Illinois officials warn of food poisoning possibly linked to McDonald’s

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SPRINGFIELD (Illinois News Network) – State health officials are investigating dozens of food poisoning cases in Illinois possibly linked to eating salad at McDonald’s, but the state’s top doctor said it may be more widespread.

The Illinois Department of Public Health is investigating about 90 cases of cyclosporiasis, an intestinal illness caused by the Cyclospora parasite. The foodborne illness has been reported in counties across Illinois with people becoming ill starting in mid-May.

“Roughly a quarter of those cases in Illinois have reported eating a salad that was produced for McDonalds in the days before they started becoming ill,” said IDPH director Dr. Nirav Shah.

McDonald’s stopped selling the salads as a precaution.

“McDonald’s has been in contact with public health authorities from Iowa and Illinois about an increase in Cyclospora infections in those states,” a statement on the company’s website said. “Out of an abundance of caution, we decided to voluntarily stop selling salads at impacted restaurants until we can switch to another lettuce blend supplier. We are in the process of removing existing lettuce blend from identified restaurants and distribution centers – which includes approximately 3,000 of our U.S. restaurants primarily located in the Midwest. McDonald’s is committed to the highest standards of food safety and quality control. We are closely monitoring this situation and cooperating with state and federal public health authorities as they further investigate.”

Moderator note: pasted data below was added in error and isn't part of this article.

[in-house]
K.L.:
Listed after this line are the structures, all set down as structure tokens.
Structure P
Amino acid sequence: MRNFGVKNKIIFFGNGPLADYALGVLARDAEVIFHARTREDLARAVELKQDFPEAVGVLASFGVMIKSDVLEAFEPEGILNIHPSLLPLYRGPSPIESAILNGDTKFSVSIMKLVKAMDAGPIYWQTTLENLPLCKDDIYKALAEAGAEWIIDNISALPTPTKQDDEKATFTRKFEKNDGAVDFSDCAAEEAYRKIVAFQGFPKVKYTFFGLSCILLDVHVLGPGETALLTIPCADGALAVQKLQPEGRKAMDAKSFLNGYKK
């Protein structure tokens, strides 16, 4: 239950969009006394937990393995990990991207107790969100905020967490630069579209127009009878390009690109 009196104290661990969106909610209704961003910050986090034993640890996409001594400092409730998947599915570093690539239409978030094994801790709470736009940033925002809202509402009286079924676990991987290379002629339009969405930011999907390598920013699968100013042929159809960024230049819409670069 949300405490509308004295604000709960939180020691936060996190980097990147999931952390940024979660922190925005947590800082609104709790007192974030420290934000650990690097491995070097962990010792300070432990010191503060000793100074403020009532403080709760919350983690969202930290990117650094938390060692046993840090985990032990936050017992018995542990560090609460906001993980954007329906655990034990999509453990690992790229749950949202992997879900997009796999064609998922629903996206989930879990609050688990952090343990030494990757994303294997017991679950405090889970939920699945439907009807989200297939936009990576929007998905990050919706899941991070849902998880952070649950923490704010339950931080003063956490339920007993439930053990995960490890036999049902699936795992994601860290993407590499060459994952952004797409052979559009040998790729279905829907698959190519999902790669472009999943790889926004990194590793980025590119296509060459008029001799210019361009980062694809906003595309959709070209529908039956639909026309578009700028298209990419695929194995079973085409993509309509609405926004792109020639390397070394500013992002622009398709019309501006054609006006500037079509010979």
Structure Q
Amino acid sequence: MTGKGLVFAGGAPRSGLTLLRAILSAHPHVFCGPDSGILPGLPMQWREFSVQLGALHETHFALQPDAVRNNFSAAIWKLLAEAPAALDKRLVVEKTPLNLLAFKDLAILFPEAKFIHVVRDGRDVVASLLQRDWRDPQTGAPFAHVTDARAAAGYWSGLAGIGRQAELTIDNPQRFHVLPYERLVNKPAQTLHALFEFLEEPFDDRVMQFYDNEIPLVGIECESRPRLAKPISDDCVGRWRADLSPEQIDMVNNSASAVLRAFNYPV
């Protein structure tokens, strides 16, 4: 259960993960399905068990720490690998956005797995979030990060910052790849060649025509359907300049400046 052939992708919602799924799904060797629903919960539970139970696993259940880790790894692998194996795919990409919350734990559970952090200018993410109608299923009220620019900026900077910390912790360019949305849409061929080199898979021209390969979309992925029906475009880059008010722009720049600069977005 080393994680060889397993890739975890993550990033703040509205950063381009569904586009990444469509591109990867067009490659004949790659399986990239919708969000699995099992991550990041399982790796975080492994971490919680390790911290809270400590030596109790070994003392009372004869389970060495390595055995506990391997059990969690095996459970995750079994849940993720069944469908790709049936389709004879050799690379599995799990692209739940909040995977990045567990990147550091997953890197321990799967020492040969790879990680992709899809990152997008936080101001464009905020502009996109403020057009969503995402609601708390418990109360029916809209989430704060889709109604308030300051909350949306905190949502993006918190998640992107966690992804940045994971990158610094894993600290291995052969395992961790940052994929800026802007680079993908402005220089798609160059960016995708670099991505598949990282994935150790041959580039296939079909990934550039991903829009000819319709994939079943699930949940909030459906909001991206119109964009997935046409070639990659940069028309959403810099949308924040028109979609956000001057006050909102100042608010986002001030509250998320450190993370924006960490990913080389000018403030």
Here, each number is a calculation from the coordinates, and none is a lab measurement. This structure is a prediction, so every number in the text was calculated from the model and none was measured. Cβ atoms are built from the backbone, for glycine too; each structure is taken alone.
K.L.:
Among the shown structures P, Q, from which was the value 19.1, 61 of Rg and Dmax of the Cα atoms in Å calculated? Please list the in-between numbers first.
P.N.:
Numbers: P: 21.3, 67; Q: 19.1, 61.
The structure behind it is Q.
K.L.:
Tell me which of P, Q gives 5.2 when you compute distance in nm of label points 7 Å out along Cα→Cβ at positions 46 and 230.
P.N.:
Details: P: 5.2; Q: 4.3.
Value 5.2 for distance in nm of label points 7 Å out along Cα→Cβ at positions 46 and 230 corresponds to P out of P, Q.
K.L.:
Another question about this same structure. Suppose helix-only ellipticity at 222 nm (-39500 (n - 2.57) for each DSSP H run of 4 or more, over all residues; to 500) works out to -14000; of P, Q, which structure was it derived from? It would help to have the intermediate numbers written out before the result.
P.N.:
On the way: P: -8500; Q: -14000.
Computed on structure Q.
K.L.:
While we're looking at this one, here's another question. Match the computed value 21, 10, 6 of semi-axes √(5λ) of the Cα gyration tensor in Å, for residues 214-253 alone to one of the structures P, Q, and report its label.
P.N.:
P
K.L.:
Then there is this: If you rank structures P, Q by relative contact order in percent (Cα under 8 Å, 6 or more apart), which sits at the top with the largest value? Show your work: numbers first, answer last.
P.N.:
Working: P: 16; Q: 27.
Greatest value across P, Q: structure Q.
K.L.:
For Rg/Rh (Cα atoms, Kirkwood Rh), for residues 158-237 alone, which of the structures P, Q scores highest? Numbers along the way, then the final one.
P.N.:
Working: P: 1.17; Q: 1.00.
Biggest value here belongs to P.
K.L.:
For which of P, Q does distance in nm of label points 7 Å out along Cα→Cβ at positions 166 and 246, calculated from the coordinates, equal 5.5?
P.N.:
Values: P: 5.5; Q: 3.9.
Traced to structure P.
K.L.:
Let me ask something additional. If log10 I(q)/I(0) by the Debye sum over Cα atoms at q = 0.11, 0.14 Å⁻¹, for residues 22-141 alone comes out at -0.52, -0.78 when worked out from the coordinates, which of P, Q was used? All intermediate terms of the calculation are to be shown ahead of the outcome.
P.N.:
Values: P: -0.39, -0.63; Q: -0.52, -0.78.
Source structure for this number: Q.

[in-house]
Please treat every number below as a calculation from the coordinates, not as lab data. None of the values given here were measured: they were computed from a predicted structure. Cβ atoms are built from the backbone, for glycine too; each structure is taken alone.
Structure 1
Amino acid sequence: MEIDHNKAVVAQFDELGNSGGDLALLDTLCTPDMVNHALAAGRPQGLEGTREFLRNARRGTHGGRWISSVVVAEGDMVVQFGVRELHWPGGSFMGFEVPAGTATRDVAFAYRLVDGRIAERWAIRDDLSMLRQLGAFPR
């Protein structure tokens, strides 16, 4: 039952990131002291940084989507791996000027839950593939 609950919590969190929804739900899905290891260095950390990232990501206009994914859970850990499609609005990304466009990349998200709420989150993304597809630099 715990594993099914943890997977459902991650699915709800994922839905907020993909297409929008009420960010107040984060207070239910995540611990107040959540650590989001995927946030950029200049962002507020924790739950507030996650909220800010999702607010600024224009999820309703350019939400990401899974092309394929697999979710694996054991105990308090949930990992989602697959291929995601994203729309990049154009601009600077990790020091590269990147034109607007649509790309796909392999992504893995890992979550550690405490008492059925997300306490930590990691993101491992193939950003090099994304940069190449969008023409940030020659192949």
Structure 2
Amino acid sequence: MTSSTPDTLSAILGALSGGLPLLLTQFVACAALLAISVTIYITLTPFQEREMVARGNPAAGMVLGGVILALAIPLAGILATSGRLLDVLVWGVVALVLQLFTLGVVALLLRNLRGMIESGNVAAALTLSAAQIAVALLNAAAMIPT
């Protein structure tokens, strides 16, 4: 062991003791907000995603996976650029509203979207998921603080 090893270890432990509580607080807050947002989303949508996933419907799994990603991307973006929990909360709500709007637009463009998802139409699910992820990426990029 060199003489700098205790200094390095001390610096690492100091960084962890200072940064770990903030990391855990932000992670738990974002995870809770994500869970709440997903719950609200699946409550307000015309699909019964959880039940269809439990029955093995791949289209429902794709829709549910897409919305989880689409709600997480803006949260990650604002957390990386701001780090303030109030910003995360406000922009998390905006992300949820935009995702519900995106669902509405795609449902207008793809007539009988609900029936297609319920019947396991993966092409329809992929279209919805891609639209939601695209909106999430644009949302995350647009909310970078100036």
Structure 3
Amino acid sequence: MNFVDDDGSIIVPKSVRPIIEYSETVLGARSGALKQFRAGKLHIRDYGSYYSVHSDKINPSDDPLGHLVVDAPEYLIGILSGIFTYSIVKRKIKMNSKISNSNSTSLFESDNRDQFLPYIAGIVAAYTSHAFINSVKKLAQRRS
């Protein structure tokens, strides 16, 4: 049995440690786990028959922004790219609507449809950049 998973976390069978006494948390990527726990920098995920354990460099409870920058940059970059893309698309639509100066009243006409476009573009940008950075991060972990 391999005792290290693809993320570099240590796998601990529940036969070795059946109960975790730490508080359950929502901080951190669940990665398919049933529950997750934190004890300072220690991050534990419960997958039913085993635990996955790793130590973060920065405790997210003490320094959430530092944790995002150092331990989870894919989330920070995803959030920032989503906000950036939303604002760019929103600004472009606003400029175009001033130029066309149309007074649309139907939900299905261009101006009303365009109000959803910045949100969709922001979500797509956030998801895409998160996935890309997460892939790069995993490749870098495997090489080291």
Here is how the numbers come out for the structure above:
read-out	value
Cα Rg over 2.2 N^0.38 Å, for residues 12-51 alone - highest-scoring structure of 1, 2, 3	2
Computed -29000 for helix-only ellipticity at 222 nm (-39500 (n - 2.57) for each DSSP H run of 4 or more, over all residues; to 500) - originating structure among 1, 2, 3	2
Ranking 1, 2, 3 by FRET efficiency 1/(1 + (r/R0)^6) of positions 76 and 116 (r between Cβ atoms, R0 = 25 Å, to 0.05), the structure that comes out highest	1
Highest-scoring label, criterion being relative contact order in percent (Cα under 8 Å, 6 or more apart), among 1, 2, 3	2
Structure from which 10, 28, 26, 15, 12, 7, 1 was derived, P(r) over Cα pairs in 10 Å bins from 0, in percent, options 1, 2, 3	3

Cyclospora poisoning exhibits symptoms similar to other types food poisoning.

“Frequent bouts of watery diarrhea, fatigue and, to a lesser extent, nausea and vomiting are the classic symptoms,” Shah said.

He said that health officials also are investigating other sources because only a quarter of the people who fell ill ate at McDonalds.

Epidemiologists and others at IDPH must go interview all of the confirmed Cyclospora cases, Shah said, then find any common links between them.

“That’s how we identify these clusters,” Shah said. “It’s one part science, one part art, and one part vigilance.”

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